Mary Ellen Bates on tips for searching effectively. These are her tips, not mine. My comments, when I have them, are parenthetical.
I almost hate to share these, because these are the kind of tips that let people like me come across as an "angel of information mercy" to the people who ask me for help in finding things!
BTW, Mary Ellen is a great presenter. Funny, interesting, clear. She's got a free "tip of the month" email update, which you can also read on her web site.
- Always use more than one search engine. (You'll often get very different results; useful to triangulate.) See a test at www.batesinfo.com
- Use AltaVista's "world keyboard" to insert non-Roman characters.
- Use AltaVista's "sorted by" box to filter results. It's not an "AND", but it causes results with the sorted-by contents to bubble up to the top. "Softer than an AND but more relevant than an OR."
- Use thesauri and web dictionaries to identify key words, put client's request in context. (e.g. Google's define feature, etc)
- Use spell-check to identify American-only spellings (fiber/fibre, labor/labour, etc). Type search terms in MS Word, set language to UK English, and run spell check!
- Watch for alternative phrasing (retirement/superannuation, revenue/turnover). British to American tips
- Use Google's synonym feature. ~search-term; e.g. ~sheep returns sites with terms livestock, lamb.
- Use "pearl culturing" (particularly in for-fee services)--look for key concepts in just the title of elements, then find the keywords assigned to that document. Use a similar approach on the web by using a "reverse link lookup"--find out who linked to a site, on the assumption they'll have more like it.
- Use Google's "related:" operator. Syntax: related:www.altvedmed.com ; doesn't find linked pages; finds similar pages.
- Use tools, not search engines. Open directory (dmoz.org), subject-specific directories. Use search engine to find a tool, use the tool to find the answer. Let someone else (an expert) find the most relevant/authoritative information.
- Search for sources, not just information. Assume key information will be buried in the "invisible web."
- Mine weblogs, don't subscribe to 'em. "JIT research, rather than JIC reading." Use daypop, technorati searches. ("Weblogs are the most efficient source of time wasting.")
- Use AllTheWeb's URL Investigator ; type URL in search box and see lots of meta information about the link.
- Use "reverse link" searching as a citation search, and to find "more like this". Google syntax is link:www.somedomain.com Works best with less common sites. Works better in AllTheWeb
#Use Wayback Machine to find deleted pages, 404 pages, etc. It now has full text searching which greatly enhances its value. Useful to see how an issue was treated at a specific point in time, or how it changed over time.
- Use whois to track down elusive companies. whois.sc, allwhois.com, easywhois.com. Caveat: some people lie. Aternative, Dialog's Domain Names database (file 225), which lists Whowas records.
- Use commercial online services to search the web. Dialog, Factiva, LexisNexis. Search for keyword near multiple occurrences of "www" -- this generally leads to a good overview article, with related links.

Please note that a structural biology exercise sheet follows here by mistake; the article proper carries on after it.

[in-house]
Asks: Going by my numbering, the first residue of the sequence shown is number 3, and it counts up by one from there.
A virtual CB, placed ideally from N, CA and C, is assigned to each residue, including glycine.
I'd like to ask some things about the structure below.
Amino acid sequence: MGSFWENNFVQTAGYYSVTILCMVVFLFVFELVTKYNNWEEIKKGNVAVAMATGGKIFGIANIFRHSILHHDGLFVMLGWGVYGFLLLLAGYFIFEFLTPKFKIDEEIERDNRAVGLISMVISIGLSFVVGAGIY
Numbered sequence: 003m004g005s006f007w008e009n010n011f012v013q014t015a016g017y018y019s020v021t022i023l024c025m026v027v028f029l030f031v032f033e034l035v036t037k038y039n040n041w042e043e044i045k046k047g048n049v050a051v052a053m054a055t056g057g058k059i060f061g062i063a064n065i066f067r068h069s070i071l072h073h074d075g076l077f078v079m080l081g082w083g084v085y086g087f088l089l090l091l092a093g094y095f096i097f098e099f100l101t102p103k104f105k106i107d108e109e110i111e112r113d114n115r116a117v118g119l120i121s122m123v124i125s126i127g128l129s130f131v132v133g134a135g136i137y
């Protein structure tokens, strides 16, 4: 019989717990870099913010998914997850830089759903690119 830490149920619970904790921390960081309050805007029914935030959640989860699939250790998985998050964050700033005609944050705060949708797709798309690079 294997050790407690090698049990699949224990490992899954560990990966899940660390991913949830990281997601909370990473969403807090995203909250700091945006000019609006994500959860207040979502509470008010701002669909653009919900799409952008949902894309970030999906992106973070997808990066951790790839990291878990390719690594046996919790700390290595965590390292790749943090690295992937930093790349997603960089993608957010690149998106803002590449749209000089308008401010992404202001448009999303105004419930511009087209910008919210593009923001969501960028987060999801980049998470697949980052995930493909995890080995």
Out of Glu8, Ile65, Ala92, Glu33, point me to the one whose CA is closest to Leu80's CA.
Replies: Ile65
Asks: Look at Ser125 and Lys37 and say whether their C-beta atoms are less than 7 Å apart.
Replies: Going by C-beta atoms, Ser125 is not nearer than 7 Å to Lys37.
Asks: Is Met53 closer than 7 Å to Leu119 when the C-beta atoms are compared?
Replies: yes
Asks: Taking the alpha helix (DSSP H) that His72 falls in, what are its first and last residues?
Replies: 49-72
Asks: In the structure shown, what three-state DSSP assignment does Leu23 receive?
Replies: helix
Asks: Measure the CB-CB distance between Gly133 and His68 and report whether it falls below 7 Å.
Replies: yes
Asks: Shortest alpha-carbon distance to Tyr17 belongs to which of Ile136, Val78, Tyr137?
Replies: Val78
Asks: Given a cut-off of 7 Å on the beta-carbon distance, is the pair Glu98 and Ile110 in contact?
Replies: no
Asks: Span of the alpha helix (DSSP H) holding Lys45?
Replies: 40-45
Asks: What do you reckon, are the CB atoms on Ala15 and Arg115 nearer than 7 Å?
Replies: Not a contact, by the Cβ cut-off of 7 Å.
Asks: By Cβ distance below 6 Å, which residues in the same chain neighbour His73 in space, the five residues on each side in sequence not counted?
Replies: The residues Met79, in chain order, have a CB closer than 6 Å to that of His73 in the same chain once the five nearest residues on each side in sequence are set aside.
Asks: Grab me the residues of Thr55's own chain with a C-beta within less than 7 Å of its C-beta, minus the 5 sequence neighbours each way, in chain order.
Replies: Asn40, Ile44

- Use Teoma.com to identify experts' sites, link-rich pages. (Look at "resources" section on results page; these are "link-rich" sites on your topic.)
- Poke around the site. Be nosy. Use the "search this site" function, use site map, check all the pull-down menus.
- Mine Yahoo! Groups. Many groups have shared files, but you must join the group to get access. Find groups on a specialized topic, use that as a subject resource. ("Where would people with shared, obscure interests go to discuss a topic with like-minded people?") This is invisible web content; you won't find it in a general search engine.
- Buy a kitchen timer. After 15 minutes, re-evaluate your web research strategy. You can get so deep into "following the trail" that you lose your focus. (My note: Great idea for a lot of things. Blog reading, etc.)
- Use "type of document" indicators; for audio, include things like listen or hear -- for opinion pieces look for PDF or DOC files. For statistics, look for .XLS files; include chart or graph along with keywords.
- Know the advanced search capabilities of at least three search engines. Truncation? Proximity searching? Case sensitivity? Field searching?
- Use results "clustering" or refining features when you can. Example of "mooter.com", an Australian search engine, which clusters results visually. Small index right now, but the concept is very cool. (My note: This kind of clustering is what I've always liked about NorthernLight, which was my pre-Google favorite engine.)
- Search inges only show 2 or 3 results from a site; click the more results from... link to see (often) many more pages.
- Know what you're looking for. What kind of answer? A phone number? An expert? Search engine might not be the best tool. Think creatively about what kind of information you're looking for; where would that be likely to be?
- Use the web to find experts, then pick up the phone! Makes you "value added" in a way that matters to clients.
- Use free sources to scope out what's available, and to find problems in your search strategy-- then go to a for-fee service.
- Disambiguate. Know what you're looking for. What does "mobile messaging" mean? Net-enabled PDAs, or vehicles that display advertising. Always rephrase the request in your own words.
- What works best for the professional online services doesn't work well with web searching. Complex searches don't work on the web. Order of the search terms matters. Forget precision and go for what will likely float to the top.
- Some searches are simply not meant to be done online.